“They indicated that bets through this type of product could result in more immediate rewards. This, as well as the association between having a significant interest in sport and a perception that they had a high level of sporting knowledge, influenced the appeal of multi bets,” the study noted. “This perception of control led a number of participants to perceive that engaging with this type of product reduced the risks associated with losing, describing these bets as ‘low risk, high reward.’ However … these markets, alongside risk-reducing promotions such as inducements and cash-back offers, contributed to a few participants staking more money on these markets.”

What are the consequences of this perception?

While academics like Fong and Abarbanel, as well as problem gambling advocates, agree that the vast majority of sports bettors can participate responsibly, they worry about the rapid expansion and how the perception of sports betting as a lower-risk activity can increasingly endanger those vulnerable to addiction. And while that stigma of “the gambler” shifting may be a benefit for most who participate, that coin has another side. Many U.S. states with legal sports betting allow for mobile or online wagering, which can be accessed without ever stepping foot in a casino.

“The larger picture of this is that we now have a whole new segment of the population that are engaging in gambling and sports betting that never would have been drawn to go inside of a casino,” Fong said. “Casinos are being brought to them. That is the larger public health question. By expanding gambling to every household in America, are we now exposing a lot more individuals, who are biologically at risk, to develop this disorder? Of course the answer is yes.”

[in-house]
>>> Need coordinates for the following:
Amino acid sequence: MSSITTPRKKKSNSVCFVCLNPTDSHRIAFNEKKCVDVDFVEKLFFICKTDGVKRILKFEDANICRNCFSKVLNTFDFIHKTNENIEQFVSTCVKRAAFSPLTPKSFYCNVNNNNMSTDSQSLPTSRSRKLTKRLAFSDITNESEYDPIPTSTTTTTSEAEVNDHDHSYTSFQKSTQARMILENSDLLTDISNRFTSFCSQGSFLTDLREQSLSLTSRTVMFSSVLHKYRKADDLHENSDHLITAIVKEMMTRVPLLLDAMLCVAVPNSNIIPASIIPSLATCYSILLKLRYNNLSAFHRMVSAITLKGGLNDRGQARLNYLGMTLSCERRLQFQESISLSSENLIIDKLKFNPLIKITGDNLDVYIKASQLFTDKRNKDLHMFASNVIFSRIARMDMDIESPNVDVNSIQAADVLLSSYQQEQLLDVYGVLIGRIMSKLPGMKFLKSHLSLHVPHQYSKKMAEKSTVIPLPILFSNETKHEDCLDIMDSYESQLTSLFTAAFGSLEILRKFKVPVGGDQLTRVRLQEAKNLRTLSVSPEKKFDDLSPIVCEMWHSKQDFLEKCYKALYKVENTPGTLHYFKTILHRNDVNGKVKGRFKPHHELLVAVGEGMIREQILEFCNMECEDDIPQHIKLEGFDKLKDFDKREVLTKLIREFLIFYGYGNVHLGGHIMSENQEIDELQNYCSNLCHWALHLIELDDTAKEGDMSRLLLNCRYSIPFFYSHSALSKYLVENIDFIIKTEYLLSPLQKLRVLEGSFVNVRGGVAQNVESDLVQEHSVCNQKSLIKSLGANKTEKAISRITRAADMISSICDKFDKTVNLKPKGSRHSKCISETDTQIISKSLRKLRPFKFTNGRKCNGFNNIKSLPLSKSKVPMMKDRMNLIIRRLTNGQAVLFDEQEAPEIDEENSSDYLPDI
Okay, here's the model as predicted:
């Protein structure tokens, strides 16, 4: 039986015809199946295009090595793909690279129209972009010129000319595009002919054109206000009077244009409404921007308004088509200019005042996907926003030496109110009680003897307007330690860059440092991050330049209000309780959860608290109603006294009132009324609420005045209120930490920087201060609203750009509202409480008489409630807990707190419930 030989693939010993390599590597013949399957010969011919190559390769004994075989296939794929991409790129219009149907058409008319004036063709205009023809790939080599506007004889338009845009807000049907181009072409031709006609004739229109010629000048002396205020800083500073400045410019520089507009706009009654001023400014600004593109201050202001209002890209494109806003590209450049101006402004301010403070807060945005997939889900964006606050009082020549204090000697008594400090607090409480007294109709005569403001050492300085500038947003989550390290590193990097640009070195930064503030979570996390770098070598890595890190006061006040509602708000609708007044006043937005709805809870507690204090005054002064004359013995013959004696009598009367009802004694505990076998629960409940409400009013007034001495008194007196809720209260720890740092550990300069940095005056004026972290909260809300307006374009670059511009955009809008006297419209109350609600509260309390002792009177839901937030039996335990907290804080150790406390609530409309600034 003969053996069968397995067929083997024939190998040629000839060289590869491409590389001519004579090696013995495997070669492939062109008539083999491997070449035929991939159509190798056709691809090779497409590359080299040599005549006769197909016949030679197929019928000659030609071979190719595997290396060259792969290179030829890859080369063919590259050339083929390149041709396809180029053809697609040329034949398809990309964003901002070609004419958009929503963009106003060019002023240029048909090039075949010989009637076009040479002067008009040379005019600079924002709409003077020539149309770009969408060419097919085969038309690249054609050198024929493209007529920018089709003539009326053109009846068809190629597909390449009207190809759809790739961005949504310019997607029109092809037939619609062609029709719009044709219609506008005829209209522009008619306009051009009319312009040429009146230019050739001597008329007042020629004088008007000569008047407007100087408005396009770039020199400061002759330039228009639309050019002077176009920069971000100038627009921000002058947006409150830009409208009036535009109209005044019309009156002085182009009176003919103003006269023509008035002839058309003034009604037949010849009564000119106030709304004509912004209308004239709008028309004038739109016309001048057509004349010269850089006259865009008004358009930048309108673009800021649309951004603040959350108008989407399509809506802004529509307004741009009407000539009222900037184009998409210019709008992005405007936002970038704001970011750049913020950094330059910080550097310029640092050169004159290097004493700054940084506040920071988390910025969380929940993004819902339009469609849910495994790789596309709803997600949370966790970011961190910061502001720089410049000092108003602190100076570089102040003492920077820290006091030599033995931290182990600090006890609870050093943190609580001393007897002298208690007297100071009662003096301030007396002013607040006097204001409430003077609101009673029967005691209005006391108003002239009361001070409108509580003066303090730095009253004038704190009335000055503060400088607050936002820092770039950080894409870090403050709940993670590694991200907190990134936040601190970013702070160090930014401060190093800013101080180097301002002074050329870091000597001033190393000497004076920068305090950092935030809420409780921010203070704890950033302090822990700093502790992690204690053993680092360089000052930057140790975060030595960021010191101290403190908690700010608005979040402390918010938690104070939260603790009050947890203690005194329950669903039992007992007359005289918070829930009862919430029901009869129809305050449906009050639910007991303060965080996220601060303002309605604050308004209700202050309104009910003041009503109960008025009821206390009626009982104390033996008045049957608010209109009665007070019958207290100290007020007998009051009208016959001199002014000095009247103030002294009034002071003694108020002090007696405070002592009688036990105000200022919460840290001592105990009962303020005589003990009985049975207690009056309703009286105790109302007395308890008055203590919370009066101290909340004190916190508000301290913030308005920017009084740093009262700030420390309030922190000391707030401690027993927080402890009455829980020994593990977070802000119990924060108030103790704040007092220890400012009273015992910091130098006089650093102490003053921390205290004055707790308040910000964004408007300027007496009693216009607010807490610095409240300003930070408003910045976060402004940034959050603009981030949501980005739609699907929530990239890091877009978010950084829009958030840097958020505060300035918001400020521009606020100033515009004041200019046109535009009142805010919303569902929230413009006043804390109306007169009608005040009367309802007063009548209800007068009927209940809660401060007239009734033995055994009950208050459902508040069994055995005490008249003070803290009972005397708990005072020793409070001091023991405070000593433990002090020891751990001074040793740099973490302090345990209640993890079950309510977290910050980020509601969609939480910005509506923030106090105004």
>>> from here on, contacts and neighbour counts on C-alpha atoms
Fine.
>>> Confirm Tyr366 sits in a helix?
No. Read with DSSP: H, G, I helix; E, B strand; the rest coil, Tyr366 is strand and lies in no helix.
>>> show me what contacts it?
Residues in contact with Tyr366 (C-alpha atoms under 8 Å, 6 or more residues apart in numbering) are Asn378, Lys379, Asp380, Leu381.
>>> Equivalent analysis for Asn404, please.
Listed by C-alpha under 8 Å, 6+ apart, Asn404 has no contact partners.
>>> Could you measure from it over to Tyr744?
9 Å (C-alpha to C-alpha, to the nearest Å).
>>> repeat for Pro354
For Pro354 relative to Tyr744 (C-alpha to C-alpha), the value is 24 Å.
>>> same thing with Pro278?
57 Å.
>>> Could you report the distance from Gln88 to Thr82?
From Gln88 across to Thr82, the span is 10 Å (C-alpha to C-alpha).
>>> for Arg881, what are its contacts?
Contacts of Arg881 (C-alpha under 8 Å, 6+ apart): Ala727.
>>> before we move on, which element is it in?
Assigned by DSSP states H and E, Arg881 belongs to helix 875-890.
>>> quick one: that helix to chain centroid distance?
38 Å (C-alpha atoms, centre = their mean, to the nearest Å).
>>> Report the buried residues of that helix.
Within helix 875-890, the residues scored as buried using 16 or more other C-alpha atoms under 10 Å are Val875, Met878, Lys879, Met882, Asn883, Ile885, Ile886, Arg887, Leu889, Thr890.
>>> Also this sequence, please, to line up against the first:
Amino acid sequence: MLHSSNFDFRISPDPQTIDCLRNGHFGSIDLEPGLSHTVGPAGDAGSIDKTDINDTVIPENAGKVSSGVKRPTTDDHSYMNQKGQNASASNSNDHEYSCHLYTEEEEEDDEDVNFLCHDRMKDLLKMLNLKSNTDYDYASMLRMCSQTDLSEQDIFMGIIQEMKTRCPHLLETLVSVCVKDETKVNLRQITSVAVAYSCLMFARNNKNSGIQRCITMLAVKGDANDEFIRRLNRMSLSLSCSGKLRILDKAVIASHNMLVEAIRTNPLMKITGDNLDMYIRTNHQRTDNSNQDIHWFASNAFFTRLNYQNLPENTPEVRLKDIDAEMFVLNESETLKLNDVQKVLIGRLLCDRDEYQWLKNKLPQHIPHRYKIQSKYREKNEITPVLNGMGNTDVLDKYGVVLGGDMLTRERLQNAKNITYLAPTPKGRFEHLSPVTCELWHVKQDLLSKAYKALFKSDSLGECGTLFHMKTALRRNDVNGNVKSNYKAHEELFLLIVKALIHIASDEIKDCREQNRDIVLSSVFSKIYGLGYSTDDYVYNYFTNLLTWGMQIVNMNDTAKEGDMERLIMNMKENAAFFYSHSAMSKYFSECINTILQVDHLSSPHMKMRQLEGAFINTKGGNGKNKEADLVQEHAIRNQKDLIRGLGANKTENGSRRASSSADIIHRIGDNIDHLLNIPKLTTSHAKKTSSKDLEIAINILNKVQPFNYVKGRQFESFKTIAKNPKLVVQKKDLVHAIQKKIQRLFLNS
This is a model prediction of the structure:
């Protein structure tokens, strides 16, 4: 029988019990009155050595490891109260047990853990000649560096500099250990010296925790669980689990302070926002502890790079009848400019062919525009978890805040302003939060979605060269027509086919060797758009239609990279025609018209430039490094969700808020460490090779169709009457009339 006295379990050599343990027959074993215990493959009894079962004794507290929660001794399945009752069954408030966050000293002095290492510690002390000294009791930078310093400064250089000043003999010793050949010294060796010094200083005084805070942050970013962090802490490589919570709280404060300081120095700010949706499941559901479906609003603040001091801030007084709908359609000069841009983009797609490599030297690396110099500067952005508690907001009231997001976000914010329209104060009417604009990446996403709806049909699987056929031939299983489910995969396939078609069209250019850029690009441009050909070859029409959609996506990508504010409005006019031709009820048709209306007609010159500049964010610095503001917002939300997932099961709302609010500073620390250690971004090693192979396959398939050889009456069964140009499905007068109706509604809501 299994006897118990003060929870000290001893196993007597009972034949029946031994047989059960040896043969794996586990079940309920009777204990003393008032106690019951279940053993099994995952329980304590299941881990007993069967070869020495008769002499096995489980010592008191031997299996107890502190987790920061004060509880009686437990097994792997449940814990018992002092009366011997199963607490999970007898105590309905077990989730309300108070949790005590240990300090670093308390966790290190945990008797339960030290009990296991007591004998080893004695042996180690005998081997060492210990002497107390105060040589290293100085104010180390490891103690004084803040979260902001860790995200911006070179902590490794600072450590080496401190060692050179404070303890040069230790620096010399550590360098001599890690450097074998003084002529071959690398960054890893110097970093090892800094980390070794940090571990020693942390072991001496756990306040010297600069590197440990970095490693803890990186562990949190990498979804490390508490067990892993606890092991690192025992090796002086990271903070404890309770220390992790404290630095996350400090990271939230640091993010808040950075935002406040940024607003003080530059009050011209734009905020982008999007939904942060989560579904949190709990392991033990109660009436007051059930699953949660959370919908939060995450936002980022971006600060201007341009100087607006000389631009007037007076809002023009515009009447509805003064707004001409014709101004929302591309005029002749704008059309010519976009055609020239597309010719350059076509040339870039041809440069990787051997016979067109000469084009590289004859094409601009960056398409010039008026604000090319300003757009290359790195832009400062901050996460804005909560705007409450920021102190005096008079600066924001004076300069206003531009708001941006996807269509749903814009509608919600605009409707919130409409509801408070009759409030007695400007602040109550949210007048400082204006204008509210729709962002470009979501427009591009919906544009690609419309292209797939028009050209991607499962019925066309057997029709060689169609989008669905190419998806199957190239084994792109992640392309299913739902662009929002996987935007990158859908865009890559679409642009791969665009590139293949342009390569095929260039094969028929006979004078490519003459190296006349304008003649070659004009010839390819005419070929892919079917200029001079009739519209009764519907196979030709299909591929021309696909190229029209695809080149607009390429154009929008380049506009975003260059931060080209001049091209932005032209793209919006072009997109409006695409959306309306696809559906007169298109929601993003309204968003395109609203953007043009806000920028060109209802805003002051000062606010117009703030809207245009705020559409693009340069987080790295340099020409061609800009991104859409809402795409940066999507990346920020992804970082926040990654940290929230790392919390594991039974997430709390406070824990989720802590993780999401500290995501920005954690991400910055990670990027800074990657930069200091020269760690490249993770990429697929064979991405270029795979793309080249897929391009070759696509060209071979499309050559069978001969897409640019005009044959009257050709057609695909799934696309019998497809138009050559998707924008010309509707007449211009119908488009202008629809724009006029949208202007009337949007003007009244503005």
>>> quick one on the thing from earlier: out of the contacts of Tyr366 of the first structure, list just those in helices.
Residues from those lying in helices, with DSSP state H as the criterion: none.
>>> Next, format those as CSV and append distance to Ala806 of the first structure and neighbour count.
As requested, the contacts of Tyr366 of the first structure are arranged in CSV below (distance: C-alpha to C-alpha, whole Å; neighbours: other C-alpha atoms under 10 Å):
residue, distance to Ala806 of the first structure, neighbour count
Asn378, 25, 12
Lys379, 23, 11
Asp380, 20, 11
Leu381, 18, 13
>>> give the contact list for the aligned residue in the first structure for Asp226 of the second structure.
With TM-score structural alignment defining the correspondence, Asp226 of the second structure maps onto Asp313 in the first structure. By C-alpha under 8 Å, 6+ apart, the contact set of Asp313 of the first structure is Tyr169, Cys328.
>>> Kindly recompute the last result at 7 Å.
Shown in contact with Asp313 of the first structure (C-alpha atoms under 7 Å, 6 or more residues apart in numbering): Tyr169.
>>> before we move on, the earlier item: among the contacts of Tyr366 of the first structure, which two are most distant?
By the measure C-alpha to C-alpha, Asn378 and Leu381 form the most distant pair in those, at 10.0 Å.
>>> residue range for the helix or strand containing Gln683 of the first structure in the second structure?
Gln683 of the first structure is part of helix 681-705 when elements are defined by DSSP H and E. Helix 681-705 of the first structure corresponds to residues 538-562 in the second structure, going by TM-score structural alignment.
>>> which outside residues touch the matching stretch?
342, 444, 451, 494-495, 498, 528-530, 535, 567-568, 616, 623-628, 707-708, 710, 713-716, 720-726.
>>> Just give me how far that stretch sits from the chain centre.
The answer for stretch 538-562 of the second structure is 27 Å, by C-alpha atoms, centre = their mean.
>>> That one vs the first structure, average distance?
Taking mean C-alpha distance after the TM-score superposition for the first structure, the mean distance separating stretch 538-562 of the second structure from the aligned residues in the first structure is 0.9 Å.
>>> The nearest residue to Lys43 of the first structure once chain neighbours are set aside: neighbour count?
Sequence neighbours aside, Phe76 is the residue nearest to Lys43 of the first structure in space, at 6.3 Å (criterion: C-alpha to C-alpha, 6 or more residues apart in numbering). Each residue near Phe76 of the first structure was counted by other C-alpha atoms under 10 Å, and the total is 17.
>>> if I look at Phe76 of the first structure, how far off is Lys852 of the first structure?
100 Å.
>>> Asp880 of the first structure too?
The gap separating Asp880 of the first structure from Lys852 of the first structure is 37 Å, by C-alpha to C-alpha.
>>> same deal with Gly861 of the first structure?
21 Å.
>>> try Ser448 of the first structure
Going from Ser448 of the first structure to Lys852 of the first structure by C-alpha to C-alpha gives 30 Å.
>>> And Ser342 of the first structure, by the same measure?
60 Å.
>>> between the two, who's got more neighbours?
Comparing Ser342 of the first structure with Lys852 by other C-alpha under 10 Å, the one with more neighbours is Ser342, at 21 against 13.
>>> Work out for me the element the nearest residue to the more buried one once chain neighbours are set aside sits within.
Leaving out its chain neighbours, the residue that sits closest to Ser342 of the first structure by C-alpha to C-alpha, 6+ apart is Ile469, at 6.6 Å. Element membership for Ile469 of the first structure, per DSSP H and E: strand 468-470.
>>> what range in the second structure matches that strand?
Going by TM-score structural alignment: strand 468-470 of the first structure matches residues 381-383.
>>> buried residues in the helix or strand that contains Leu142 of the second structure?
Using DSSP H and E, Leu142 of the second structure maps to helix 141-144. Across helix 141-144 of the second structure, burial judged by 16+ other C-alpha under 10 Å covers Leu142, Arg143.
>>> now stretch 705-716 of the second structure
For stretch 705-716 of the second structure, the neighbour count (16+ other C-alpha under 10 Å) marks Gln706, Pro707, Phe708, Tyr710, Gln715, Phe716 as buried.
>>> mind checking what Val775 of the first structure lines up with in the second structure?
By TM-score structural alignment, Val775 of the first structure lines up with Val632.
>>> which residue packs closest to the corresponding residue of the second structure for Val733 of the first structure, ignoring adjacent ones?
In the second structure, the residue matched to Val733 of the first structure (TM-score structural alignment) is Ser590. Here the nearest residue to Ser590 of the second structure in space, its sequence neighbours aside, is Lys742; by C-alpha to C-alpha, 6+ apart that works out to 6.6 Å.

Both Fong and Keith Whyte, executive director of the National Council on Problem Gambling, made the analogy of buying a ticket to a movie, which is entirely viewed as a form of entertainment. If a consumer buys a $15 movie ticket, that money is gone, and the payoff is the entertainment of the movie, or as Fong put it, “a hit of dopamine” for an action movie. And that occurs without major consequences. The same could be said for a sports bettor who makes a wager on a sporting event, watches the event, then moves on. But what about those who don’t?

“We don’t know exactly how much we’re going to enjoy the new Thor movie, but there’s a euphoria to winning a thousand dollars,” Whyte said. “No movie is going to live up to that. That $15 could turn into $15,000. So, I think there is enormous risk there in a couple ways. One, for people who may get into trouble, they could be betting more than they bargained for. You don’t go to a movie and lose your house.

“The modern gambling industry has expanded so far and so fast and broken cultural barriers, which have a massive impact on our culture. If you don’t have that sense of danger — that edge — then you’re perhaps blinding people to the risk.”

But this is not a new phenomenon. There have been arguments for decades about whether to define things like the stock market, lotteries, or daily fantasy sports as gambling. They all involve risk and the potential to lose large amounts of money, but there are important reasons those involved don’t want them to be defined as gambling.

“We assume if it’s ‘gambling,’ it’s dangerous and needs regulation. If it’s ‘gaming’ and not regulated, it’s not dangerous,” Whyte said. “I’ve had lottery directors tell me [their product is] not gambling.”

So what does that mean in practice, and how should those in charge of framing and overseeing the sports betting industry (regulators, operators, etc.) proceed? There was a recent move by FanDuel to stop using the words “risk-free” for promotions, and some operators are getting better about responsible gambling advertising, but are there consistent and sustained messages about the inherent risks of gambling? There are not, and some question whether those in the gambling space should have a greater social responsibility.

“These are private businesses that need to maximize their profits,” Fong said. “If I ever got in front of CEOs, I’d ask them, ‘How do you feel about yourselves at night?’ The same for gun manufacturers. Millions of Americans love your product, and the vast majority of people do not engage and have a serious problem, but there are going to be a tiny percentage who end up dead because of what you’re doing. Are you OK with that?

“People who come here to see us for treatment, they don’t say, ‘I’m a sports bettor that has a problem.’ They say, ‘I can’t sleep, I’m depressed, I’m stressed out, I have no money, I’m lying to my wife, I’m almost at my wit’s end, and I want to kill myself.’ They don’t care what we call it.”

Photo: Shutterstock

Author: Ryan Gonzales